George Friedman of Stratfor.com has some unique thoughts and comments on what he calls the Greek situation. He says both sides have made all the compromises they can and it is time to end the games of pretend and extend, as it is called in the U.S. His focus is on Germany’s role in the situation and especially its goals in the eventual resolution. The way Friedman paints the situation, there isn’t a good resolution left, especially if other financially troubled members of the European Union decide to follow the Greek example.
A Greek withdrawal from the eurozone would make sense. It would create havoc in Greece for a while, but it would allow the Greeks to negotiate with Europe on equal terms. They would pay Europe back in drachmas priced at what the Greek Central Bank determines, and they could unilaterally determine the payments. The financial markets would be closed to them, but the Greeks would have the power to enact currency controls as well as trade regulations, turning their attention from selling to Europe, for example, to buying from and selling to Russia or the Middle East. This is not a promising future, but neither is the one Greece is heading toward now.
Many have made a claim that a Greek exit could lead the euro to collapse. This claim seems baffling at first. After all, Greece is a small country, and there is no reason why its actions would have such far-reaching effects on the shared currency. But then we remember Germany’s primordial fear: that Greece could set a precedent for the rest of Europe.
American households continue to recover from the financial crisis, helped by rising stock and real estate prices. The latest Flow of Funds report from the Federal Reserve shows that in the first quarter household net worth rose to almost $85 trillion.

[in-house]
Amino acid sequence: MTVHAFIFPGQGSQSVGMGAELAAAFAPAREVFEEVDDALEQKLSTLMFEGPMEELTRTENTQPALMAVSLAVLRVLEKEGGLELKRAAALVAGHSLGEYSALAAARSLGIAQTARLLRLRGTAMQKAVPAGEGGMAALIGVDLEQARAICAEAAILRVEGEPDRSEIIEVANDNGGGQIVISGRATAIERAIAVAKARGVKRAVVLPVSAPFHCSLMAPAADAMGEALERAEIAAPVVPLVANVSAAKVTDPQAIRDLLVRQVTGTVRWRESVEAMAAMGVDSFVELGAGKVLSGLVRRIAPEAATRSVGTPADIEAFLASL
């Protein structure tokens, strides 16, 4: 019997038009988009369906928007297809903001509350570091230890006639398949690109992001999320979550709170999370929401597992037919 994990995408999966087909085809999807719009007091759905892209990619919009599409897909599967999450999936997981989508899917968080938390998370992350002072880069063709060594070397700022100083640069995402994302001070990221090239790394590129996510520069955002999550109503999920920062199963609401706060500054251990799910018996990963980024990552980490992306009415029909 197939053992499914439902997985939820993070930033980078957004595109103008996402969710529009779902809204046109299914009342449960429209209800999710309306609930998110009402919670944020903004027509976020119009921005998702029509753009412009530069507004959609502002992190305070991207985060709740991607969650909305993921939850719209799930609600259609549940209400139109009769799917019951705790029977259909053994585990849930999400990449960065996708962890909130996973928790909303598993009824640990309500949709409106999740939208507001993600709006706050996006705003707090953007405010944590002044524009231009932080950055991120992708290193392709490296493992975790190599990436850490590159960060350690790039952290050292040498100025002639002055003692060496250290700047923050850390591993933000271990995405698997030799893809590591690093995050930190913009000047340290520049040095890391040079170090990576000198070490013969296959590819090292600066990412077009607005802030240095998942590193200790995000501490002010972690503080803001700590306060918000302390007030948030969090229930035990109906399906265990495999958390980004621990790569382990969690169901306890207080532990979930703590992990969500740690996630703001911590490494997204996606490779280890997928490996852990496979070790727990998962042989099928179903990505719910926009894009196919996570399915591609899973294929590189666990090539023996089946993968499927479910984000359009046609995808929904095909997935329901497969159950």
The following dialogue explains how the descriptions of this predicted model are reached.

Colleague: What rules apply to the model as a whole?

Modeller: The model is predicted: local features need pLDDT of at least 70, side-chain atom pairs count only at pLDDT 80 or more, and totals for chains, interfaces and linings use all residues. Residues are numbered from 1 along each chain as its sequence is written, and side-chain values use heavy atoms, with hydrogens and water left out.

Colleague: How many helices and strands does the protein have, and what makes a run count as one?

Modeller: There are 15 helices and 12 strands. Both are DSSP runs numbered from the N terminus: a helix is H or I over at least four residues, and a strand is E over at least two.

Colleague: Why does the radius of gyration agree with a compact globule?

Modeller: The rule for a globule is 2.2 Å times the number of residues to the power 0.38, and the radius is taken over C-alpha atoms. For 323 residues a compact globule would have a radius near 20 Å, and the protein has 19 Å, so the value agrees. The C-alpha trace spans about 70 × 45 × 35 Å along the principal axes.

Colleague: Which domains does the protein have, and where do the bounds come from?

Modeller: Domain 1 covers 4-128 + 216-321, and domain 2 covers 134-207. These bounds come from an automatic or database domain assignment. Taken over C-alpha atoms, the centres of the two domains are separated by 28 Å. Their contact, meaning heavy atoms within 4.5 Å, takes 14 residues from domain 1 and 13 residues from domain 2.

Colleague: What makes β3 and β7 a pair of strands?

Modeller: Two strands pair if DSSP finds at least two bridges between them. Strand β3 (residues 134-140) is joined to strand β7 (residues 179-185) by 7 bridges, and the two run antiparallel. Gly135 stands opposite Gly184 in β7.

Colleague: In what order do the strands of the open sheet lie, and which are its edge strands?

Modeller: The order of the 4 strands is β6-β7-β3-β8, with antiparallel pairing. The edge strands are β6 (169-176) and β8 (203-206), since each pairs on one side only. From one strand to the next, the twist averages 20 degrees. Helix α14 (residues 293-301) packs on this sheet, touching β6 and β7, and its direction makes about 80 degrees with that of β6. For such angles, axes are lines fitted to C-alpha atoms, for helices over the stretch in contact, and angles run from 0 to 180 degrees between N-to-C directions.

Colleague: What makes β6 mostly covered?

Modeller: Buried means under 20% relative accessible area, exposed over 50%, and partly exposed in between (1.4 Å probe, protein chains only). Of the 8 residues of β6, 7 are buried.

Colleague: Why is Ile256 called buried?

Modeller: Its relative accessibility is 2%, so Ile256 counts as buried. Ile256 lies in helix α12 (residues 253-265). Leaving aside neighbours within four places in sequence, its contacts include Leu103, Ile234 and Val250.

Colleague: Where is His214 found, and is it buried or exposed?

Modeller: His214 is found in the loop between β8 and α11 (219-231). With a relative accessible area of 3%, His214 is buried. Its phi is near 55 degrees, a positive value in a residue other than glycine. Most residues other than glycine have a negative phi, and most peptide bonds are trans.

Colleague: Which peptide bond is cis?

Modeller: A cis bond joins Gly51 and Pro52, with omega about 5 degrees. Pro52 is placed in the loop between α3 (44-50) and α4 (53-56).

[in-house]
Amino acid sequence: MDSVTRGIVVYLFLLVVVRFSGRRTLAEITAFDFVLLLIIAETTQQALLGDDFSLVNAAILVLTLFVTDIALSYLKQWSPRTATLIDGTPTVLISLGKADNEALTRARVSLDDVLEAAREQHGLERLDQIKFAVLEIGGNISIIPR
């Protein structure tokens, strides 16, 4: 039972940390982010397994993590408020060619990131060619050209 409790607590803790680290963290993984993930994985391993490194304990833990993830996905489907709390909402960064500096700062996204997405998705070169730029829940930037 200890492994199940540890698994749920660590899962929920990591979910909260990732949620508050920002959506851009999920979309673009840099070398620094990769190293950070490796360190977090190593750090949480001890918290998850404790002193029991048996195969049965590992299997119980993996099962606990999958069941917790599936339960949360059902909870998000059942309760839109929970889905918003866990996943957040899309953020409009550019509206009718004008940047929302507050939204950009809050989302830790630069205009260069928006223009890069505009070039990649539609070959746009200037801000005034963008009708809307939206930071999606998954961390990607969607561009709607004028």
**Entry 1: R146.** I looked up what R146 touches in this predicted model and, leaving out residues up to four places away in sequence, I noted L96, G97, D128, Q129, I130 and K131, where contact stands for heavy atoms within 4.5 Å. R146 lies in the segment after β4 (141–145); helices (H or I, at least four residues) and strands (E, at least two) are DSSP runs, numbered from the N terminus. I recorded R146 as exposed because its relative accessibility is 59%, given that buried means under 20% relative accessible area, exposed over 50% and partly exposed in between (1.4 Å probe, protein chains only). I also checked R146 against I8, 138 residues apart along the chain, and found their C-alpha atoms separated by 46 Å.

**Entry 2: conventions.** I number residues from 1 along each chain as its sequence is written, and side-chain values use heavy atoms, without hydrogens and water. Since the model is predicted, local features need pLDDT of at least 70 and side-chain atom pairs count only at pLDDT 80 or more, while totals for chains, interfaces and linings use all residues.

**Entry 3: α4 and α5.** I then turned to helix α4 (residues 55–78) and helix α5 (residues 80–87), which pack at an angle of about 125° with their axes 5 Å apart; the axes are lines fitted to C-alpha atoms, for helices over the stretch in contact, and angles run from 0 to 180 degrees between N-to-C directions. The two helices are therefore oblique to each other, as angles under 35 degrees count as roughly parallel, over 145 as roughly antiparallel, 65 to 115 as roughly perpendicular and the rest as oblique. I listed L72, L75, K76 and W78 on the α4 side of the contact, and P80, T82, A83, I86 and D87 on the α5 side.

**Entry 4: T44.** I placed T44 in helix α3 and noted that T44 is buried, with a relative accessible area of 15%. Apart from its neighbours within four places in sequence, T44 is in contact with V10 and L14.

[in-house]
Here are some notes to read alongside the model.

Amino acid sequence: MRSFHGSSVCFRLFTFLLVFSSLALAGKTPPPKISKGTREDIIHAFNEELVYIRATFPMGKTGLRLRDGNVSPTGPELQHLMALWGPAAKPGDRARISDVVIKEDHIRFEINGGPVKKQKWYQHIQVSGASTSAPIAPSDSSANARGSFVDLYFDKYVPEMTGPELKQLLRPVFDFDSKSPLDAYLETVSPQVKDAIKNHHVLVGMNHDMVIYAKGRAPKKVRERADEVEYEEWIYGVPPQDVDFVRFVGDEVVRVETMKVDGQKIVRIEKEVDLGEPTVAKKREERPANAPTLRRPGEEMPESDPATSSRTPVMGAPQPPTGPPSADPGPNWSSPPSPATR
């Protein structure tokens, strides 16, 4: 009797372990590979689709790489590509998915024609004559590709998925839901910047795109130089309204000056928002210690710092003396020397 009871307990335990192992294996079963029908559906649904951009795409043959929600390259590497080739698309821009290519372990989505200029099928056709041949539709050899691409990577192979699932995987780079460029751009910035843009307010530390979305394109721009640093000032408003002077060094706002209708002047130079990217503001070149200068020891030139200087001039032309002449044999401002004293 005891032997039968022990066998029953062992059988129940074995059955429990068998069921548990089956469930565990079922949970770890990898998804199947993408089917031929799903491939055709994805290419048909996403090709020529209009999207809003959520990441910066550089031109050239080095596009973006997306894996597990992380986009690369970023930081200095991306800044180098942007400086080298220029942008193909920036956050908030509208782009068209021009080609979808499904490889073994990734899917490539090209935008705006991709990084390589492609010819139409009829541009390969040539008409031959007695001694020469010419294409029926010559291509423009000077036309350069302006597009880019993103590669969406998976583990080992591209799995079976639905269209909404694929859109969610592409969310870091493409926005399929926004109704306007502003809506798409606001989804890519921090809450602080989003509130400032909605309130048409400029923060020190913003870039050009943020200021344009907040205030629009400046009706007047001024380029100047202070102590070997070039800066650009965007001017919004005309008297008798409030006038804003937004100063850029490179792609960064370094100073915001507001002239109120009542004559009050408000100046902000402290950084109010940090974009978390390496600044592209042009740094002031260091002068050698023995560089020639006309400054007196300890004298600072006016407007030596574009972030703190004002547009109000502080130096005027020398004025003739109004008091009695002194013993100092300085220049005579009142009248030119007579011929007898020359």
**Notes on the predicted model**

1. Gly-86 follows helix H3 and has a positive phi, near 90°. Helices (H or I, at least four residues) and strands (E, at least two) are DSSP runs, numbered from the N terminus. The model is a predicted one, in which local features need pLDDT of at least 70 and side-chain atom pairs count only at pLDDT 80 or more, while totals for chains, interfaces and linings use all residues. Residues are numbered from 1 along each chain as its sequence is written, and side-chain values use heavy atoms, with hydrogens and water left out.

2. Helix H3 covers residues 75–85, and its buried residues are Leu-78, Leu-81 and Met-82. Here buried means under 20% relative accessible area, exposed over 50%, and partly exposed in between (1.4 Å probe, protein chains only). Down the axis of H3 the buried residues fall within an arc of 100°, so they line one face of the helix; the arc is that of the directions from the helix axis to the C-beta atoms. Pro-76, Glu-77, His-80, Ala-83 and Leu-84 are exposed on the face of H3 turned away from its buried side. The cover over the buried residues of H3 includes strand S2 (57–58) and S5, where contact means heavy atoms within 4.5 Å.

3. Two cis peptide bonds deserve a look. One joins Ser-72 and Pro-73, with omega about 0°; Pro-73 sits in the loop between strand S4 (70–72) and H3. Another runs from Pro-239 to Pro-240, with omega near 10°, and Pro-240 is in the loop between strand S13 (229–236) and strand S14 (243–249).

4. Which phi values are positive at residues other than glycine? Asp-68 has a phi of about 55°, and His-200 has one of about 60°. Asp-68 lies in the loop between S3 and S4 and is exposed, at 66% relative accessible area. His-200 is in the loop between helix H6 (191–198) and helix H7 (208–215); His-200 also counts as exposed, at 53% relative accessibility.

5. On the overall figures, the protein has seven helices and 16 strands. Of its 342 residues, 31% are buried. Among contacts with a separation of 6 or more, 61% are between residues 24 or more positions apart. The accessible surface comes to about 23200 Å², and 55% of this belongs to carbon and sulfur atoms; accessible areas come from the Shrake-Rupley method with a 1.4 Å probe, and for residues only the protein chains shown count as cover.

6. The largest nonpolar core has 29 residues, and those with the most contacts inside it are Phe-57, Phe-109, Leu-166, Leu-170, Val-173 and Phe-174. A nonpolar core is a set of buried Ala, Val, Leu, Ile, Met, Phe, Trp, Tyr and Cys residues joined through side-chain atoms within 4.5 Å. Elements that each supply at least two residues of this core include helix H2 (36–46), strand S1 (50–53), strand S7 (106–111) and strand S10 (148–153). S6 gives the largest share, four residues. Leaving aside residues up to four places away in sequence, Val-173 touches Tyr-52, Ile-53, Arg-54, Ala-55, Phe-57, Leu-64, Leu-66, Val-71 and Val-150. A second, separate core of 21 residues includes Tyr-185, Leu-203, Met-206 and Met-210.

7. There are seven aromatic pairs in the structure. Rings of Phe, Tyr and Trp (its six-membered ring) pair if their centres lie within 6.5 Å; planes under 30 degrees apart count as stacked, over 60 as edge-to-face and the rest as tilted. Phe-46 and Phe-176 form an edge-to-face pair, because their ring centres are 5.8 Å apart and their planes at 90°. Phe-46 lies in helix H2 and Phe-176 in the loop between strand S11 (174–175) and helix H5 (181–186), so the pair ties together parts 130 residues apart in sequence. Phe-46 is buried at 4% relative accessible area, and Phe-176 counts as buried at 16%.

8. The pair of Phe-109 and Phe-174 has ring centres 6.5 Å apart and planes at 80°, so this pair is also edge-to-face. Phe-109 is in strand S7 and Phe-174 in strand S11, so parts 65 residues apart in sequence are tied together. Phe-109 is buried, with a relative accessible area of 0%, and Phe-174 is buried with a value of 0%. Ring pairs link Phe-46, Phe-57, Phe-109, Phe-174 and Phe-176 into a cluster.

The Fed estimated that the value of household real estate increased to $21.1 trillion in Q1 2015. The value of household real estate is still $1.4 trillion below the peak in early 2006 (not adjusted for inflation).
Economic growth has been slow since the bottom in 2009. The debate among economists is whether this is due to something that’s been dubbed “secular stagnation” or something else. The secular stagnation crowd has several arguments but generally believes that the various drivers of growth in the last century are played out. The drivers include higher productivity, an expanding work force, and the transition from a rural to an industrial society. I’m more partial to those who argue that there’s a long-term debt cycle, or supercycle, that has mini booms and busts but over the long term produces a high rate of growth. But once debt levels reach a certain point, the debt supercycle reverses. Debt levels began a peak around 2007 and likely have to decline for a while. Shrinking debt levels will reduce growth rates. Here’s a good explanation from Kenneth Rogoff.